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There is a loophole that could bring Chris Paul back to Phoenix. But would the Suns want him?

The door is open, but it’s unclear if the Suns would want him to walk back through it

2023 NBA Playoffs - Denver Nuggets v Phoenix Suns Photo by Garrett Ellwood/NBAE via Getty Images

Former Phoenix Suns point guard Chris Paul is on the move again. After being a part of a Father’s Day trade to the Washington Wizards, he has been dealt to the Suns’ Pacific Division rival, the Golden State Warriors.

This is an astute move by the Warriors, who sent Jordan Poole to Washington, along with his 4 year, $128M contract. It wasn’t the smartest move last offseason by Golden State to drop that kind of money on Poole, but they hoped they would see a quality return on their investment. Instead, they received a decrease in efficiency and a player who Draymond Green deemed punch worthy.

Do not be surprised if Poole averages 30 points-per-game next season with Washington. He’s going to get the shot attempts and will be relied upon to do so as the team is amidst a massive rebuild.

What is unique about this transaction as it relates to the Suns is it opens the door for the possibility of Chris Paul potentially returning to the Valley.

The way it works is simple: if a team that trades a player, and then that player is waived, they cannot return to the team that traded him. The “reacquisition rule” prevents teams from doing this. This rule is intended to prohibit teams from bypassing salary cap laws by trading a player to another team and then signing him to a new deal right away.

There is a loophole, however, and that is if that player is traded again then waived. In July 2016 the Warriors traded Andrew Bogut to the Mavericks, and in February 2017 the Mavericks traded Bogut to the Sixers, who waived him. Because of the two trades, Bogut could have resigned with the Warriors.

If the Golden State Warriors did this move simply in an effort to salary dump Jordan Poole’s contract, and if they choose to waive Chris Paul, he could return to the Suns. Per Chris Haynes, who clearly has an open text message thread with the Point God, it appears that Golden State is likely to hold on to CP3, however.

If it were to happen, if Chris Paul was waived by the Suns, would Phoenix want him back? It is an interesting wrinkle in a file labeled “unlikely to happen”. If given the opportunity, it is doubtful that the Suns would not bring Paul back, even on a veteran minimum. He burned a couple of bridges on the way out of town.

Remember when the news first broke that the Suns were going to waive Chris Paul? We rushed to our phones and tried to make sense of it all? Why would Phoenix just waive him? Aren’t there better options? Doesn’t releasing this information kill all of the leverage the team has if they were to explore trade possibilities?

This news was released by Chris Haynes, and was soon corrected by Shams Charania and Adrian Wojnarowski.

Assumedly, Chris Paul provided Haynes with half of the information. Why would he do this? If he knew Phoenix was willing to move on from him, this play would decrease the Suns’ ability to do so while increasing his odds of choosing where he goes next.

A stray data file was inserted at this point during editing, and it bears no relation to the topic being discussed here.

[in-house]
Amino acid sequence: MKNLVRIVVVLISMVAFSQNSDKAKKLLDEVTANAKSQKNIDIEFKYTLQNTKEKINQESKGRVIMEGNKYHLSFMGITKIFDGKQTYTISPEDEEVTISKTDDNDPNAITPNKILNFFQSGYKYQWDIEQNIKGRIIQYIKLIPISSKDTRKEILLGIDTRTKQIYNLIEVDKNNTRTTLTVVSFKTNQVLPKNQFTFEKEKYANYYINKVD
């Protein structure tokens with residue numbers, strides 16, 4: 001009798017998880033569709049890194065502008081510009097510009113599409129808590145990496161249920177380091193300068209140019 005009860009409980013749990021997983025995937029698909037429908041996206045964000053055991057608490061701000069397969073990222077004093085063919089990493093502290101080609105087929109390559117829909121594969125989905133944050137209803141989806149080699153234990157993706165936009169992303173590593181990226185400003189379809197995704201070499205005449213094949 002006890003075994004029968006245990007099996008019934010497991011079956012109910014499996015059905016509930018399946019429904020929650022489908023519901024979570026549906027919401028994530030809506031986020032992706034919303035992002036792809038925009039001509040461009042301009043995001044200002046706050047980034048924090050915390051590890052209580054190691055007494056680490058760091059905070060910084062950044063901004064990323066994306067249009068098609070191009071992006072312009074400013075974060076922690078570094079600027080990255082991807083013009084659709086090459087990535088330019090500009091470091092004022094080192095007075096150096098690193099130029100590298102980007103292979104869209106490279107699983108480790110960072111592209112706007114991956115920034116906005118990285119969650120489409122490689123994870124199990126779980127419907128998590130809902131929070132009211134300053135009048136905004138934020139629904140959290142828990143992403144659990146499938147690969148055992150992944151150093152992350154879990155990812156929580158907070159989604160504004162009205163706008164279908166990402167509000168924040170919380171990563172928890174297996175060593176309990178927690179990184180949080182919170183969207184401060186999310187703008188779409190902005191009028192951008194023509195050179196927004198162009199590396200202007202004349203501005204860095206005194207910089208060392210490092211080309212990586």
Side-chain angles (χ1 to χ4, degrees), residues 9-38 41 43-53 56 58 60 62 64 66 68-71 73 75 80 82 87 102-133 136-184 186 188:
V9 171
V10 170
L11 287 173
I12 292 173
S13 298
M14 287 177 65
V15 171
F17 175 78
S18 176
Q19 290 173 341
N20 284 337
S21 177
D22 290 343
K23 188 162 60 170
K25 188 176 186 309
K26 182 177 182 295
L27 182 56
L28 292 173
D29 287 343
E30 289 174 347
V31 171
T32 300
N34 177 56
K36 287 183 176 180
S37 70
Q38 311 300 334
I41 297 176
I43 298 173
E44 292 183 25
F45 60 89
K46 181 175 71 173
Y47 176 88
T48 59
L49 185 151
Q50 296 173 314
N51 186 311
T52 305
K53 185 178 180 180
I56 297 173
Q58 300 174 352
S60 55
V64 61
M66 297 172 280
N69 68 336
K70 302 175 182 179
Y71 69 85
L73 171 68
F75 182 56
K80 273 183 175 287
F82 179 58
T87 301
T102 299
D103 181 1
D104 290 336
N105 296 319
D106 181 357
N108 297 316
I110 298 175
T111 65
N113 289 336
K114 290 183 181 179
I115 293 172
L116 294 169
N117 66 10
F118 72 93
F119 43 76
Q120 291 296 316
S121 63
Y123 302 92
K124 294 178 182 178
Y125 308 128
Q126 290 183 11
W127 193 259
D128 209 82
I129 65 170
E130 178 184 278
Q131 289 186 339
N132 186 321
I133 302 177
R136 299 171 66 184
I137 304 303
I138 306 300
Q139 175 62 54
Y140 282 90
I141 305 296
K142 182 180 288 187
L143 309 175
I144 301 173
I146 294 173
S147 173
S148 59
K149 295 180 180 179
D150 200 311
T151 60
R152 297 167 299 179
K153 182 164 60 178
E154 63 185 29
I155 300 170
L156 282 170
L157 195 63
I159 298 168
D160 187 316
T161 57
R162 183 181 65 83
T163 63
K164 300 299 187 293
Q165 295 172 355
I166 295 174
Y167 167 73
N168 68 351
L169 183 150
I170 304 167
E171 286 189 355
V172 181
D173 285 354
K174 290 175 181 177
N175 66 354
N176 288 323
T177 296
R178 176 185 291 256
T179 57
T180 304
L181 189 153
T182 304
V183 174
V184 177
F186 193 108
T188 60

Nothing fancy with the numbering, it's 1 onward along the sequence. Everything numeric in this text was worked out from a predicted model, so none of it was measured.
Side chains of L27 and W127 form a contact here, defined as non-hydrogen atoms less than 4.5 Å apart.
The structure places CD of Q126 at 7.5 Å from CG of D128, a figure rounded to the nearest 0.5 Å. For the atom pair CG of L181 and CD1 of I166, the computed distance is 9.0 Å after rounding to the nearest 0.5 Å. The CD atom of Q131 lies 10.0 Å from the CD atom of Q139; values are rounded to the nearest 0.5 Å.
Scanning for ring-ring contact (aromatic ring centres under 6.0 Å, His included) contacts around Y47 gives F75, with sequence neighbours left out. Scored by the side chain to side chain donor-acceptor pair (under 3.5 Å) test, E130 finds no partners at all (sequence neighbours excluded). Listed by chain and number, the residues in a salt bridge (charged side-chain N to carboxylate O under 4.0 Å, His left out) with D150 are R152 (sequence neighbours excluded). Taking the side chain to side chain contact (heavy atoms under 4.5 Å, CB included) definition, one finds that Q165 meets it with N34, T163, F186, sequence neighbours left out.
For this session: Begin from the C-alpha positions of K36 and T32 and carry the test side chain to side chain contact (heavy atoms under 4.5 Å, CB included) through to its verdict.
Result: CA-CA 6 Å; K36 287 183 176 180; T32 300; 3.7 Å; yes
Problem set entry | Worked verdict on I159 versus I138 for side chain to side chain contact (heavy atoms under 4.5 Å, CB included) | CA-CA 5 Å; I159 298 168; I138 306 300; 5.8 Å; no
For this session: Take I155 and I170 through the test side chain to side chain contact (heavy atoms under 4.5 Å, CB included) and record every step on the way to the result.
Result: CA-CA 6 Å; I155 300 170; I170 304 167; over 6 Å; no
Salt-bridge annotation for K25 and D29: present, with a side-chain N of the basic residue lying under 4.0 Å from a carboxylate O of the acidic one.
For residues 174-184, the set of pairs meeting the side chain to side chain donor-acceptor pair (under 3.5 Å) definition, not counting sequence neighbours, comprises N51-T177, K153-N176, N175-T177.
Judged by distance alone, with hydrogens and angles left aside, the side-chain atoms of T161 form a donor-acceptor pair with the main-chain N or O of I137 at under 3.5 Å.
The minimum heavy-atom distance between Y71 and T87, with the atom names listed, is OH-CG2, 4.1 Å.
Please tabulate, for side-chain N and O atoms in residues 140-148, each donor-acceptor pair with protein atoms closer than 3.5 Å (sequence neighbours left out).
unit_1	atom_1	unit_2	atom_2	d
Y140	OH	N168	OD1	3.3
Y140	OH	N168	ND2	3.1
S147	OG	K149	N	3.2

By having the league believe that the Suns are going to simply waive him, it decreases his overall value on the market. Why would you trade for somebody who you know that the team is going to waive? You can just wait until they waive him and then bring them onto your team.

Thankfully for the Suns, Bradley Beal was adamant about playing in Phoenix and, due to his no-trade clause, could dictate where he went. The Suns maximized the value of the aging Point God and turned him into a three-time All-Star who is 8 years younger.

Poor form by Chris by leaking the information.

Then there was the Good Morning America interview in which Chris Paul insinuated that the Suns were callous in the way that they handled his trade by not being the ones who informed him initially on the move.

“Surprised”? C’mon Chris. You knew the Suns were planning on not paying you $30.8M next season to be on the team.

Let me break down how this works. The Suns used to be an organization that was very tight knit relative to information, and it was hard to get any pulse on what they were doing and how they were doing it from a front office standpoint. Since Ishbia has taken over, we’ve seen more leaks. In the day and age of information, having that knowledge first is like printing money.

In the case of Chris Paul, as the Suns were dotting their i’s and crossing their t’s on the deal, the information leaked that he would be traded to Washington for Bradley Beal. Chris Paul’s son saw the tweets and informed his father via text when the information was released, as CP3 was on a flight to New York to promote his new book, Sixty-One.

It’s not like CP3 doesn’t know how being traded works. He has been traded four times prior to this offseason.

When asked about how he found out, Paul was transparent by informing the GMA crew, “I found out on the plane yesterday flying here”. But he did not tell the entire story, how leaks occur, and the Suns wouldn’t normally reach out to him until everything was finalized.

Again, poor form.

These two actions on the way out the door most certainly negate any possibility of return for the point guard. Granted, it doesn’t appear that the Warriors are going to waive him, but if they did Phoenix would not be his home once again.

It’s an unfortunate end to the Chris Paul chapter. The information game can be tricky.

Who and what Chris Paul means to the Suns’ franchise is unquantifiable. He provided unparalleled leadership when the team needed it most. The impact he had on Devin Booker’s career is something we will continue to enjoy for as long as Booker calls the Valley home.

But that is how the story ends.

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